Ad Space: The Difference One Year Makes

I hopped on CNN this morning – where I generally spend five seconds making sure there’s no breaking news that hasn’t hit the top of Reddit yet – and was greeted with an ad the size of a hero image. Now, I’m in the business of ads. I get it. But this was one of those ads that you kind of wait to go away because of how… intrusive it is. How you’d imagine a picture for the biggest news story of the year – that’s how this ad was served up.

It got me thinking, when did this happen? WHY did this happen?

So I crunched some numbers.

Using the Internet Archive’s Wayback Machine, I calculated the percentage of my browser’s 1,393,737 pixels occupied by ads in June 2014 compared to today for a handful of websites. No scrolling allowed. Sponsored posts not included.


  • 2015: 22.6% (2 ads)
  • 2014: 5.4% (1 ad)


  • 2015: 18.5% (4 ads)
  • 2014: 0% (0 ads)

Fast Company

  • 2015: 18.7% (2 ads)
  • 2014: 6.2% (1 ad)

Fox News

  • 2015: 0% (0 ads)
  • 2014: 5.2% (1 ad)
  • Note: The ad space is now occupied by a stock widget. Also, this site has more text links on its home page than I generally see in an entire day. Wow.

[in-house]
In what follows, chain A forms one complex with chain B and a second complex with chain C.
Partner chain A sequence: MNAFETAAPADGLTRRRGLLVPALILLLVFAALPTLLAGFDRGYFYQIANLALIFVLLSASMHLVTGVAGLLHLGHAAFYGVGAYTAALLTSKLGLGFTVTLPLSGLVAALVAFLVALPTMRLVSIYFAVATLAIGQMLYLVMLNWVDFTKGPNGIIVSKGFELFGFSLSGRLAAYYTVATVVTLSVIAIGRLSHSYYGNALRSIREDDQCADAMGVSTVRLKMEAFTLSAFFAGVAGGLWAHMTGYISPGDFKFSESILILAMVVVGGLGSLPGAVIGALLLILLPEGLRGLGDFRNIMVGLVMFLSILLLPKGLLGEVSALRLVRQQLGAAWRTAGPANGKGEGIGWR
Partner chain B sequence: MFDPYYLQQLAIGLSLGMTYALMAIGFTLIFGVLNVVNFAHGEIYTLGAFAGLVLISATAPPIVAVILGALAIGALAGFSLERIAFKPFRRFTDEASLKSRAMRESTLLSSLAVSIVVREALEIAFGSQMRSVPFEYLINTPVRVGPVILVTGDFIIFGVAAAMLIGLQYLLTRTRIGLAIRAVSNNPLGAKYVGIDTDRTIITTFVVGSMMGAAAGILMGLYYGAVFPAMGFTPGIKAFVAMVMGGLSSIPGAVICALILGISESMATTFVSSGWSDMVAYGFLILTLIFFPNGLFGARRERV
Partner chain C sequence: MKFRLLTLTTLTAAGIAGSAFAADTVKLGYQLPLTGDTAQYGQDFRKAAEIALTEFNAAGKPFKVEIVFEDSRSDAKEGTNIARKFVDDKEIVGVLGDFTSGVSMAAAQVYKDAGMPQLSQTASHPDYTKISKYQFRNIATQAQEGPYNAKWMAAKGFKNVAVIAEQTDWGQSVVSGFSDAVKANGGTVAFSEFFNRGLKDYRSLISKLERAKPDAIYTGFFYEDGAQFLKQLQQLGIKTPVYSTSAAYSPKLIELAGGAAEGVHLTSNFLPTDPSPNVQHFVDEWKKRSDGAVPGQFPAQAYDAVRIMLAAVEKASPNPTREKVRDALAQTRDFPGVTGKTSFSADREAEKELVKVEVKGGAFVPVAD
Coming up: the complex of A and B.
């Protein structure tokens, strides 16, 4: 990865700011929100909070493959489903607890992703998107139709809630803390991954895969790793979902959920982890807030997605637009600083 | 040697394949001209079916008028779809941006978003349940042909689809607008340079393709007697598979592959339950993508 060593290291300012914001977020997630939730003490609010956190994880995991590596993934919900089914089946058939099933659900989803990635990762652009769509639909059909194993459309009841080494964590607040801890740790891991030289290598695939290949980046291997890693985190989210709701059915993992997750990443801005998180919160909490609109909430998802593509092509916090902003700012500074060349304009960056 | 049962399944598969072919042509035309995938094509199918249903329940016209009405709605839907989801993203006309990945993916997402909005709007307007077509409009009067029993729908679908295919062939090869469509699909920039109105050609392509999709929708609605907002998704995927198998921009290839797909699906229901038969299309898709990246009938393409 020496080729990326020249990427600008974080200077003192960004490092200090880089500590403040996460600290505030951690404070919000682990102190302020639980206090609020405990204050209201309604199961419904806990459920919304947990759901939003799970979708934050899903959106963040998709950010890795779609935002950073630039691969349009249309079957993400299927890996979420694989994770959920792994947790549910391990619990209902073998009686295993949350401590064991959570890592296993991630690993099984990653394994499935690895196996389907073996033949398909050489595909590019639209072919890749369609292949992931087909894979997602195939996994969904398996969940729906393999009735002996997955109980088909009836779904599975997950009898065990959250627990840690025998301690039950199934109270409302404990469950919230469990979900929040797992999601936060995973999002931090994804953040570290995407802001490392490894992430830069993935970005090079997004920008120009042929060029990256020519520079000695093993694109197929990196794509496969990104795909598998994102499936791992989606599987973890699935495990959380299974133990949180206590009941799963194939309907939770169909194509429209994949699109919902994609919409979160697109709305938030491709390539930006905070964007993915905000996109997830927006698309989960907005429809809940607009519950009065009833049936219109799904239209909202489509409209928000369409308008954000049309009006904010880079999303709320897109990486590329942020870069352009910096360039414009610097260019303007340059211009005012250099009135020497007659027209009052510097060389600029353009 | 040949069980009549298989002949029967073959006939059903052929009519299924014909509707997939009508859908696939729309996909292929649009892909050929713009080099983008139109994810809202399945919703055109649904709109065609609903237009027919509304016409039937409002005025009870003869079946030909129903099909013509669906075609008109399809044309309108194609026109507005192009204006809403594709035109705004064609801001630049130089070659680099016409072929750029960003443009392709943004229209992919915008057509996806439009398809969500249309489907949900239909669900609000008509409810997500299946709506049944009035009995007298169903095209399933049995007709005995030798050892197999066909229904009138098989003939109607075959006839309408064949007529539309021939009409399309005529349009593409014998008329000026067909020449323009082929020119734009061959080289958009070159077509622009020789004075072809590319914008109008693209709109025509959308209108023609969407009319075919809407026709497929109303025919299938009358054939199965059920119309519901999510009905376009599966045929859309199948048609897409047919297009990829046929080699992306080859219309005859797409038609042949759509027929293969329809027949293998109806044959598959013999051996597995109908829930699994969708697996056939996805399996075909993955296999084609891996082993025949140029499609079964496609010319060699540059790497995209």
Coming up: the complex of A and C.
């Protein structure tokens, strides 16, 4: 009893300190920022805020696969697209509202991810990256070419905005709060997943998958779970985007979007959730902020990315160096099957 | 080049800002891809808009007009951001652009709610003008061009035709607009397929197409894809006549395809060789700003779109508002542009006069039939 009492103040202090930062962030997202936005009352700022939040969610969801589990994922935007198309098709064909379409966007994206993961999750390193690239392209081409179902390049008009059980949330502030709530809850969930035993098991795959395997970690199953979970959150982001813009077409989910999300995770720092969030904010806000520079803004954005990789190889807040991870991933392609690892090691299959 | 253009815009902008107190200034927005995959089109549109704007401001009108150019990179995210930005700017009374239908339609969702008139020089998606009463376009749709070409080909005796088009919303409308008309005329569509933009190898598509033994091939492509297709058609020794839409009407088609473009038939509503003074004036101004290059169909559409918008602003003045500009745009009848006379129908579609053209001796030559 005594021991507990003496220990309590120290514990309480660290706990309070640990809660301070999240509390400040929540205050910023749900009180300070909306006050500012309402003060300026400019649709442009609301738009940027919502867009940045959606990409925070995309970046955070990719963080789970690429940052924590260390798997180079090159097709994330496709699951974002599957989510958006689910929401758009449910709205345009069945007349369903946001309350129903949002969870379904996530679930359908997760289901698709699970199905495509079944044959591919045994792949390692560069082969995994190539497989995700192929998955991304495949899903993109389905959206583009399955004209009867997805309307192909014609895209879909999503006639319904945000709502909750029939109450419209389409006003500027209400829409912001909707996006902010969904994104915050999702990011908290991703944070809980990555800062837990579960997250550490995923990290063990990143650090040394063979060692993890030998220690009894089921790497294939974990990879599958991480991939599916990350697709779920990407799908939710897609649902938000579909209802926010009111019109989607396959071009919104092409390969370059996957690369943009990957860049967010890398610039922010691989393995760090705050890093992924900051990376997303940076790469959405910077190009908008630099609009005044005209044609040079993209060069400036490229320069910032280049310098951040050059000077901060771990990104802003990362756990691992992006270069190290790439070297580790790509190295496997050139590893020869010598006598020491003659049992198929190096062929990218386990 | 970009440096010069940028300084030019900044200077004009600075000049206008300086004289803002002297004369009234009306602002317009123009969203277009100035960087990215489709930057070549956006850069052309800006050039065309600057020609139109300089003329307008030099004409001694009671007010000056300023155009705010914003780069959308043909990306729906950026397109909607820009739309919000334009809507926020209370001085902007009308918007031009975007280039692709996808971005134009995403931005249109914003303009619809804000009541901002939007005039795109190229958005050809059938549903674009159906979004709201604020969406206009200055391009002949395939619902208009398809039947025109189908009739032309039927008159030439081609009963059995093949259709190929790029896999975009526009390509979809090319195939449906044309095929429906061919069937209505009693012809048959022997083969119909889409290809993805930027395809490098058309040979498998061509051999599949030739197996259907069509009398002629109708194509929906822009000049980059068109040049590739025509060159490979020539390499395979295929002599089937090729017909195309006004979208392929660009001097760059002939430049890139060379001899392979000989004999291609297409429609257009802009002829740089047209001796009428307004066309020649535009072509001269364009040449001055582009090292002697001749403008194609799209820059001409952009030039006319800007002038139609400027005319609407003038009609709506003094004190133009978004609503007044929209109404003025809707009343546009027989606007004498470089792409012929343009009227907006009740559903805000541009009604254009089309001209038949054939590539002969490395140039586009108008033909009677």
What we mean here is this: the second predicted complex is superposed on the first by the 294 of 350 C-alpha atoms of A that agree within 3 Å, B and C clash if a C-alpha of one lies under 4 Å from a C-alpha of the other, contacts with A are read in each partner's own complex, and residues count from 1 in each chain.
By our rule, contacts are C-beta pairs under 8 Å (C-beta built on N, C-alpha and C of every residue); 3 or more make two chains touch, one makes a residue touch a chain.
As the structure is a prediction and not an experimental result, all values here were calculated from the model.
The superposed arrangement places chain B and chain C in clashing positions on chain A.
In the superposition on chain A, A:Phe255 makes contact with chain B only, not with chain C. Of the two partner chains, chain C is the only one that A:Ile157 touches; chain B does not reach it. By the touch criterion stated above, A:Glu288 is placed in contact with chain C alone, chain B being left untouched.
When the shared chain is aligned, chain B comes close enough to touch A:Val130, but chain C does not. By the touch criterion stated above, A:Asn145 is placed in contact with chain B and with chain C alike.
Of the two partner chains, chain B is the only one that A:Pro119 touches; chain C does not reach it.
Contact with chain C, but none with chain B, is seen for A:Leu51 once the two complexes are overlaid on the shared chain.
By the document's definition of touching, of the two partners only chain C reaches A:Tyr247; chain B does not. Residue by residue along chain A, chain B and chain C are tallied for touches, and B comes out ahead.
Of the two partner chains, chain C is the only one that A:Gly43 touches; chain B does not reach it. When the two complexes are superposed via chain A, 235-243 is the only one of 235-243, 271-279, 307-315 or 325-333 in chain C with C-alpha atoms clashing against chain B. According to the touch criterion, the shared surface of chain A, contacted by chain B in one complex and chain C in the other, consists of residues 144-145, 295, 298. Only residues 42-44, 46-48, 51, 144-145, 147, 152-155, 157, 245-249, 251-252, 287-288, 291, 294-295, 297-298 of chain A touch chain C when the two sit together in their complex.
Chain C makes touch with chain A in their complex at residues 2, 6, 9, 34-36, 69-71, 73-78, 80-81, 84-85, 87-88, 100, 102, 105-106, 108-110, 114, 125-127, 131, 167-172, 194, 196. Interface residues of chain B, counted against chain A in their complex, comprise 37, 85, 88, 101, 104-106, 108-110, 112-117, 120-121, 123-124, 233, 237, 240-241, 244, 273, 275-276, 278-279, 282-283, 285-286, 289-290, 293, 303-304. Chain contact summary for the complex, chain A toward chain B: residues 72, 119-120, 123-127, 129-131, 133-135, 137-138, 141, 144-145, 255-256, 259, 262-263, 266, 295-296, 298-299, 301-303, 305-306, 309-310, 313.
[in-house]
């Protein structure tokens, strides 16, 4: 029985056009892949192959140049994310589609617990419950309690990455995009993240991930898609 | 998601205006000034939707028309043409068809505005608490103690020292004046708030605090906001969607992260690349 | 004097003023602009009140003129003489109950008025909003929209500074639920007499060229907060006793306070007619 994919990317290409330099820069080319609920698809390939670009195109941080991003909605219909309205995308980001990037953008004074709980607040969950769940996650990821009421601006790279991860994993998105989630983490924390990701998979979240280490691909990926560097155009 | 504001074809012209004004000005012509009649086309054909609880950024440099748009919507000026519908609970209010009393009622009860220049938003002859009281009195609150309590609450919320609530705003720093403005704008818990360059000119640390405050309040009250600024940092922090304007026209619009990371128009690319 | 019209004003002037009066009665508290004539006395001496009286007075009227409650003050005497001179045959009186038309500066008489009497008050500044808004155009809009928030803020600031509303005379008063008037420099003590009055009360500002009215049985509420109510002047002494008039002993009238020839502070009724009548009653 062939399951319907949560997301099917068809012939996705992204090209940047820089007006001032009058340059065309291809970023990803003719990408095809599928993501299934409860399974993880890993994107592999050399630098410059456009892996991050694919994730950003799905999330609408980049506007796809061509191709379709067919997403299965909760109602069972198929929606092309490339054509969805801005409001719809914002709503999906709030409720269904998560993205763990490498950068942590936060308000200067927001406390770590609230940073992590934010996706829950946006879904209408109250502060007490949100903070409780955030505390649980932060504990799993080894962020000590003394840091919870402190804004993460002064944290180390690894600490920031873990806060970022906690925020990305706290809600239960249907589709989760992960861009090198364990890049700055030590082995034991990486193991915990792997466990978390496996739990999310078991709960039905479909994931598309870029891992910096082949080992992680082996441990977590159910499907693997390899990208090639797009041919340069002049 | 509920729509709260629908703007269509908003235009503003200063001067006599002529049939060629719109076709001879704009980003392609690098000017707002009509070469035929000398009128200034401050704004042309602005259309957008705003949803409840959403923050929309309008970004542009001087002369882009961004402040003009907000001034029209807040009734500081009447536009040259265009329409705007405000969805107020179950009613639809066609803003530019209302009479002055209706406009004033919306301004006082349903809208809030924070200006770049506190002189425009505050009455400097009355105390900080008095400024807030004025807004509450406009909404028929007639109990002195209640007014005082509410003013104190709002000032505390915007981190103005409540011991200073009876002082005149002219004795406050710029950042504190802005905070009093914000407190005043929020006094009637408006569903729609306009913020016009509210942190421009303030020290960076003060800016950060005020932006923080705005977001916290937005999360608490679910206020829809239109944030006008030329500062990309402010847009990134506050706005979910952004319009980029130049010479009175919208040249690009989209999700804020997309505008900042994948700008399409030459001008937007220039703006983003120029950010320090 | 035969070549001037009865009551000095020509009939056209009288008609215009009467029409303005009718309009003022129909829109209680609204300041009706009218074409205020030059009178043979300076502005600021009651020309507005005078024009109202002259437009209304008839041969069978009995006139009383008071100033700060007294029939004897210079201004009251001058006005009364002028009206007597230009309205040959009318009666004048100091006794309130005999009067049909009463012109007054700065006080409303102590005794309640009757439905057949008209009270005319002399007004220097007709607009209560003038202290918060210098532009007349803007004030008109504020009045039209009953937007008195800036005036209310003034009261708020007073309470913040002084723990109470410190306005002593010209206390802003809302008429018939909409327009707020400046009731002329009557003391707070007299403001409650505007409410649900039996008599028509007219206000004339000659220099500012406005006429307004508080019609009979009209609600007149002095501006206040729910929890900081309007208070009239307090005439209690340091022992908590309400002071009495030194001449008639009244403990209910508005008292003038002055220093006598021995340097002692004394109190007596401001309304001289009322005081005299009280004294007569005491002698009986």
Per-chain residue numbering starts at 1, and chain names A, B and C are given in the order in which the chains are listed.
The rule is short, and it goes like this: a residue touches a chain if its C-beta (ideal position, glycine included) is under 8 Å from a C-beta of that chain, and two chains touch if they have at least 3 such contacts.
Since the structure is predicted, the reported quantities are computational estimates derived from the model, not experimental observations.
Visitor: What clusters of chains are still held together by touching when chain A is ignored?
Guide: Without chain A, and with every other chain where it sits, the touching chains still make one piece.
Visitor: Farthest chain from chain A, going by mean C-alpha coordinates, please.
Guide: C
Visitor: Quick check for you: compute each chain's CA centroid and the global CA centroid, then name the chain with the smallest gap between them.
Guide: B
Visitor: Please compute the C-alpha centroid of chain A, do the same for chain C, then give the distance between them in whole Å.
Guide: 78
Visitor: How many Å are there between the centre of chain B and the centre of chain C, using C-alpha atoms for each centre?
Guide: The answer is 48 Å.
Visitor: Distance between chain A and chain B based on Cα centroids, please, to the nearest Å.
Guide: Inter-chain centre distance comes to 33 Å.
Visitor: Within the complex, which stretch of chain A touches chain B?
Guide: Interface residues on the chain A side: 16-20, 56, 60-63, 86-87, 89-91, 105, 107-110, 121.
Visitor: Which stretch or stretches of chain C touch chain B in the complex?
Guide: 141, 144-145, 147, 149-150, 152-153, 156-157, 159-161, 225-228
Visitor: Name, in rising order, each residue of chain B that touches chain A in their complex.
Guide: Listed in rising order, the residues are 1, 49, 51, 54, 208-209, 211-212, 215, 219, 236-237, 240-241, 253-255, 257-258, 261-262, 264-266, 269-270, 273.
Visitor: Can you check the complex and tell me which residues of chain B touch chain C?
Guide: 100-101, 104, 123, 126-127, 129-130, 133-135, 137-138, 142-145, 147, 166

• 2015: 32.2% (2 ads)
  • 2014: 5.2% (1 ad)

Quite the jumps, except for link-ridden Fox. I mentioned not including sponsored posts, but Fast Company uses a huge header for its top article which, if that were sponsored content, would take the ad percentage up to 57.5% of the homepage. Crazy.

So, does this matter?

I think we’ve been trained to accept it. Now that we’ve been introduced to frustrating interstitial ads that block what we’re trying to view, these header and sidebar ads don’t seem so bad after all. What surprises me is the huge spike in some of these percentages, as all the talk over the past couple years has been around native advertising — working products and promotions into articles that feel natural to a platform. Those have undoubtedly grown, but clearly not at the expense of traditional ads.

Maybe you’ve noticed this growth and maybe it’s been gradual enough that you don’t really care. But it’s happening, and I think it’s because Social is king. Most people consume more news content from social media than actually going to mainstream news sites. So, naturally, ad space has to become more lucrative to keep it appealing. Supply and demand.


  • The Wayback Machine may not provide a 100% accurate representation of the site (but it’s the best tool available)
  • Sites like CNN rotate ads throughout the day. By the time I published this, the homepage was back to a smaller banner ad up top